On Thursday, the authors Tsitsi Dangarembga and Jennifer Nansubuga Makumbi talk about their latest work and their shared experiences with publishing and readership across Africa, Europe and North America; and the PSC’s writer-in-residence Eve Makis is in conversation with the nominee for the Nobel Peace Prize Sevgül Uludağ, the Turkish Cypriot journalist and peace activist. On Friday, scholars present their research in postcolonial studies on wide range of topics, followed by a performance of the Dalit rapper Sumit Samos. The events on Saturday include a roundtable discussion on craft, activism and ethics, a creative writing workshop, a conversation with the Palestinian culinary activist Mirna Bamieh and a screening of Reginald Campbell’s Tolerance (2013).

Organised by NTU’s Postcolonial Studies Centre and convened by Dr Nicole Thiara, Dr Amy Rushton, Dr Jenni Ramone, Midlands4Cities funded PhD researcher Thomas Lockwood-Moran and PhD researcher Purnachandra Naik.

Conference schedule

Thursday 17 June
In Search of the Missing, 4pm – 5.30pm

Sevgül Uludağ is a Turkish Cypriot journalist and peace activist. Working as an investigative reporter, she has been instrumental in uncovering the fates of hundreds of missing people. As part of a series of interviews entitled ‘the politics of disappearance’, writer Eve Makis will be talking to Sevgül about her work and how her search for peace has made her the target for physical and verbal threats. Sevgül Uludağ in conversation with Eve Makis
Watch on YouTube

Tsitsi Dangarembga and Jennifer Nansubuga Makumbi in conversation, 7pm – 8.30pm

In the spirit of struggle and solidarity, this unique event brings together two of the most exciting writers to discuss their latest work and their shared experiences with publishing and readership across Africa, Europe and North America. Facilitated by Dr Nicole Thiara (Co-Director of the Postcolonial Studies Centre) and Dr Amy Rushton (Senior Lecturer, NTU)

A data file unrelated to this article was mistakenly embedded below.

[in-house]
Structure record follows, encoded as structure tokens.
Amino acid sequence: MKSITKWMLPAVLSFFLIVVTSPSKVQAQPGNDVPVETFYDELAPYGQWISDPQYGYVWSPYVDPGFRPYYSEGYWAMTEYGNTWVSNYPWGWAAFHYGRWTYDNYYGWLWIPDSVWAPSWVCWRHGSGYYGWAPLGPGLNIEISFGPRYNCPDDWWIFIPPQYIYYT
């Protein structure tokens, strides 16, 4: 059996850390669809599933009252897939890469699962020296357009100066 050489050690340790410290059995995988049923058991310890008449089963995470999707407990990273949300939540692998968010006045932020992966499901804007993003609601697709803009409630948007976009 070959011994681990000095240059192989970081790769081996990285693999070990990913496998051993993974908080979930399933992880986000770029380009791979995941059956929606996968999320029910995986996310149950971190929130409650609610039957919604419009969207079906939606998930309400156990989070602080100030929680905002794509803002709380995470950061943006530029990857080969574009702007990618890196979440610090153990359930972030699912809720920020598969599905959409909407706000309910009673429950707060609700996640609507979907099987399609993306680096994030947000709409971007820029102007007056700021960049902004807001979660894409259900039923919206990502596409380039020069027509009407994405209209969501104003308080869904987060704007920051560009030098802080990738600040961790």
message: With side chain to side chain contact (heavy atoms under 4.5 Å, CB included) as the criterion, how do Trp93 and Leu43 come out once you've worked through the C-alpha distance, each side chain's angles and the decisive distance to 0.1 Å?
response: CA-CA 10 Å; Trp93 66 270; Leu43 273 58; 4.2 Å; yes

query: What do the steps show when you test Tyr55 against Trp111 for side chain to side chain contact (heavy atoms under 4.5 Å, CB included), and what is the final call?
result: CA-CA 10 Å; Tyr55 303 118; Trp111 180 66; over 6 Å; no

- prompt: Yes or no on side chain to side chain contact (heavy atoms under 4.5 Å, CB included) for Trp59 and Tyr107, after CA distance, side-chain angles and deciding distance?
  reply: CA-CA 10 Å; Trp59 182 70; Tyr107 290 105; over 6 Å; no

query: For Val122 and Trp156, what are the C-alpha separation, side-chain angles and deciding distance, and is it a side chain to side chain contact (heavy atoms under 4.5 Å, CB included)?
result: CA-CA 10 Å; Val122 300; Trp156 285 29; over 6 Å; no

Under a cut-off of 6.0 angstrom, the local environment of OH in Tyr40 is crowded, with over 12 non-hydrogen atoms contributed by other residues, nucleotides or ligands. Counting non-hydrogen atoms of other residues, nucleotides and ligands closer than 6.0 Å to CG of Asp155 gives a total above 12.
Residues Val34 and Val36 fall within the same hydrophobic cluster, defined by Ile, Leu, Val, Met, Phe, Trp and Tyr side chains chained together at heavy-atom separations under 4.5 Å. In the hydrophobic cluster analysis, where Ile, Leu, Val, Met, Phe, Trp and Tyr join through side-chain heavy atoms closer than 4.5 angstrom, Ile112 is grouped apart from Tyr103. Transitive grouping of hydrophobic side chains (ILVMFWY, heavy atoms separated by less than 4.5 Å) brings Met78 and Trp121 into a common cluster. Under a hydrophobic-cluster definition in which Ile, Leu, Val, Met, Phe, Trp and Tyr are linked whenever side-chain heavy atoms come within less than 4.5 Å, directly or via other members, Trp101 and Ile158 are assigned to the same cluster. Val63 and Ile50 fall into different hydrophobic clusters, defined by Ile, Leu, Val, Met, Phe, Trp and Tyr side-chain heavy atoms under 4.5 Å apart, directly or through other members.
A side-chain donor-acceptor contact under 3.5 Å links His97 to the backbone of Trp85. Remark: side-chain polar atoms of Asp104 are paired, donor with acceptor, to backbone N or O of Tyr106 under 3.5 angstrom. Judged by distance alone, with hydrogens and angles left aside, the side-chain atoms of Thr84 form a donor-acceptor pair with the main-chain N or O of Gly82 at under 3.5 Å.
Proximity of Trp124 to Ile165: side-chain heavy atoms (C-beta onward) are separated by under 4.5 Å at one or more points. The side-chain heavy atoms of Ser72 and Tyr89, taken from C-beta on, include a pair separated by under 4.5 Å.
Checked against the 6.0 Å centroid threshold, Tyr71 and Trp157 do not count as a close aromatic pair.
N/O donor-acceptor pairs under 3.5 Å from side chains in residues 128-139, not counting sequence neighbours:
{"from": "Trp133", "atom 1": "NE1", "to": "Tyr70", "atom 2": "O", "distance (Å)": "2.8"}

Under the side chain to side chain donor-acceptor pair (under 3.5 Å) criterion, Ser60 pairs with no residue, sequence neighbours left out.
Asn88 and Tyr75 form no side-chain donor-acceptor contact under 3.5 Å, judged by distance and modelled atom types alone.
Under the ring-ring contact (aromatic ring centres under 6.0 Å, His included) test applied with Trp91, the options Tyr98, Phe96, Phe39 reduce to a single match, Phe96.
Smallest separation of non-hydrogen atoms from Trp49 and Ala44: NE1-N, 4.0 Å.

Watch on YouTube

Friday 18 June
Welcome and Panel 1: Patterns of Aesthetic Belongings 9.45am – 11.30am

Participants: Ngahuia Harrison, Valentina de Riso, Ana Cristina Mendes and Pragya Sharma
Watch on YouTube

Panel 2: The Dynamics of Struggle 1pm – 2.30pm

Participants: Sephora Jose, Aswathi Moncy Joseph, Putul Sathe and Margarida Martins
Watch on YouTube

Panel 3: Resistant Solidarities 3pm – 4.30pm

Participants: Dani Olver, Anandita Pan, Debashrita Dey & Priyanka Tripathi and Abol Froushan & Ali Abdolrezaie
Watch on YouTube

Dalit Rap: Performance and Conversation 7pm – 8pm

Join us for a performance by the Dalit rapper Sumit Samos, followed by conversation with him moderated by Paul Adey.
Watch on YouTube

Saturday 19 June
Roundtable Discussion: Craft, Activism & Ethics 11am – 1pm

Kandy Diamond and Amy Rushton speak with Seleena Laverne Daye (artist and educator), Isobel Carse and Karen Hughes (Dormouse Chocolates), and Sofia Aatkar (Pom Pom Quarterly), to discuss issues of craft practice as activism.
Watch on YouTube

Saving Palestine’s Forgotten Foods 2pm – 3pm

Mirna Bamieh talks to Eve Makis, from her home in Ramallah, explaining how she uses storytelling and food as mediums to express her creativity and Palestinian identity.
Watch on YouTube

Workshop: Poetry and Protest – How Writers Use Words to Change the World 2pm – 4pm

Join Manjit Sahota (Poets Against Racism) and Leanne Moden to explore the vital role poetry plays in protest in a Zoom workshop.

Queer Resistance and Postcolonial Studies: A Screening of Tolerance (2013) dir. Reginald Campbell and Closing 4pm – 5.30pm

Please join us for a discussion guided by literary researchers Thomas Lockwood-Moran and Holly King, surrounding queer representation within postcolonial studies.
Watch on YouTube